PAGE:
Reynolds A Cardinal Bright Spot
Despite mediocre numbers, Stanford righthander has raised draft stock by proving his durability, effectiveness
PALO ALTO, Calif.--It’s hard to pinpoint the evolution of Stanford righthander Greg Reynolds as a durable and effective starter.
Maybe it was the 11-inning, 10-strikeout performance against Baylor in last year’s NCAA regional that gave Reynolds confidence (even though the Cardinal was eliminated with a 4-3 loss). Perhaps it was Reynolds’ work for the Bourne Braves of the Cape Cod League last summer, where he posted a 1.70 ERA, striking out 34 in 53 innings. Maybe it was the fact that Stanford coach Mark Marquess needed a Friday night starter to take the place of lefty Mark Romanczuk, who signed as a fourth-round pick last summer.
Or maybe it was simply Reynolds’ time.
Reynolds’ numbers this season aren’t necessarily dominating. He’s 4-3, 3.66 with a 67-21 strikeout-walk ratio in 79 innings for a 19-20 Cardinal club--last in the Pacific-10 Conference at 5-10--trying to avoid missing the NCAA tournament for the first time since 1993.
Still, Reynolds’ season and overall package have been good enough for the scouts attending his starts. They are enamored with the junior’s athletic 6-foot-7, 225-pound frame and his ability to throw a fastball in the low 90s on a consistent basis. He’s shown flashes of dominance, such as in his complete-game three-hitter to beat Arizona State 7-1 in the first game of an important conference series win the last weekend of April.
Reynolds also throws a changeup and recently switched from a slider to a true curveball. He throws it slower to get strikes early in counts and snaps it off harder to get strikeouts in advantage counts.
“Greg has that kind of stuff to go in the first five rounds of the draft,” Cardinal pitching coach Tom Kunis said. “He can throw three pitches for strikes. He has learned how to deal with pressure.”
Serving as a Friday starter in the Pac-10 brings plenty of pressure this season, as five league members join Stanford in sending a potential high-round pick to the mound in series openers. Thus, the already offense-starved Cardinal averaged less than three runs per game in eight of Reynolds’ starts.
“It doesn’t bother me if we don’t score many runs,” Reynolds said. “It makes me a better pitcher. Pressure comes with being the Friday night pitcher. I’m always going against everyone’s No. 1. I have a smaller margin for error.”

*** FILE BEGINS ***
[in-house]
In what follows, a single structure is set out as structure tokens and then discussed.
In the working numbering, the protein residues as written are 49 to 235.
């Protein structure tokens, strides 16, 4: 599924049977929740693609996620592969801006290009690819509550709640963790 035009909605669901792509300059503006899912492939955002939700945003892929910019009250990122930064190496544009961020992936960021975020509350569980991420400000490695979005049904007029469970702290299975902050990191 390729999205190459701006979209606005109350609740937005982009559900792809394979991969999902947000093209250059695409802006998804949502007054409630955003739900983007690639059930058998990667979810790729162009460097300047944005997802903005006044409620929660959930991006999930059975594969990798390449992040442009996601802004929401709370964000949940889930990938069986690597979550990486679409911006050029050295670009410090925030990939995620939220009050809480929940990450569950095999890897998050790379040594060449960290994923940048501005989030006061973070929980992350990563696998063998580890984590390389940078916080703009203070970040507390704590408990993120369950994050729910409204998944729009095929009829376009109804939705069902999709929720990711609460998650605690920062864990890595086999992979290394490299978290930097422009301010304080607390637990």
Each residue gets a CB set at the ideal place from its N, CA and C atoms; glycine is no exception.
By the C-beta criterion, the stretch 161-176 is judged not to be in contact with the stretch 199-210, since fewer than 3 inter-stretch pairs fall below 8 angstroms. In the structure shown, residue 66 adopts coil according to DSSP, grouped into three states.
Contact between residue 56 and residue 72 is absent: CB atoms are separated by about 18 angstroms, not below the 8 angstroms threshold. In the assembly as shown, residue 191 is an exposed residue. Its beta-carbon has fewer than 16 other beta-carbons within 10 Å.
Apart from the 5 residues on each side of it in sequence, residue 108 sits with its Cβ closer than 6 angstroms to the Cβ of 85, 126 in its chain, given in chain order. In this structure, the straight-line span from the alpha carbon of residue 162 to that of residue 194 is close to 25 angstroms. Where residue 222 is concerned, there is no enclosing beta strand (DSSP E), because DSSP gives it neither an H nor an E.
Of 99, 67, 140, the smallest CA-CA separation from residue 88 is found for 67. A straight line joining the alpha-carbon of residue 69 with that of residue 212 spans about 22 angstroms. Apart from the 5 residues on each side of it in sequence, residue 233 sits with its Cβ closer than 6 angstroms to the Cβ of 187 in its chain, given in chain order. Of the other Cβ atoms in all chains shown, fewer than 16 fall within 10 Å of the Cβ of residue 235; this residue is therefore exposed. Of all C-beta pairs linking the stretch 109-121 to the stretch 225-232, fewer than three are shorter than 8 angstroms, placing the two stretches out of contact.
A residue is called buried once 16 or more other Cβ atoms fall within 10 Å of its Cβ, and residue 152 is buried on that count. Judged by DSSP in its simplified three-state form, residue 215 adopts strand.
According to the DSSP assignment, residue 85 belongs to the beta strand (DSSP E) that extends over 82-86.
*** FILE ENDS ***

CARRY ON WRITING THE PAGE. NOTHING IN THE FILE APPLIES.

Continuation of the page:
“Greg has great poise,” Marquess said. “His command is better than when he was a freshman. It’s a maturing process. Almost every time he has gone out there, he has given us a chance to win the game.”
Reynolds, who pitched 27 innings as a freshman and 51 innings as a sophomore, said the maturity has been more mental than physical.
“I have all the physical tools to be successful,” Reynolds said. “It took me all this time to get the confidence.”
“Greg is head-and-shoulders above the rest of the staff,” Cardinal catcher John Hester said. “He has pitched in some bad luck. His record isn’t indicative of how he has pitched.”
Reynolds excelled in three sports and was offered several Division I football scholarships as a quarterback out of Terra Nova High in Pacifica, Calif. He hit 17 home runs over his final two seasons, and as a pitcher was considered a second-round talent and the fourth-best prep prospect in Northern California. He ultimately fell to the Phillies in the 41st round because of his Stanford commitment and an up-and-down Senior season.
“Greg Reynolds was ‘The Franchise’ for us,” Terra Nova coach Ron Krieger said. “But, more importantly, he was a great team player and loved the game. He was always respectful of the game and where he had come from.”
Now Reynolds, an avid golfer and fly fisherman, gets his second chance at the draft and should join a long list of Stanford pitchers taken high over the past decade. One crosschecker, while noting that Reynolds’ fastball tended to flatten out, said Reynolds’ combination of a clean delivery, repeatable mechanics and above-average velocity made him a cinch for the first round.
“I’m not worried about impressing scouts,” Reynolds said. “I’m more about being a team player.” John Reid writes for the Palo Alto Daily News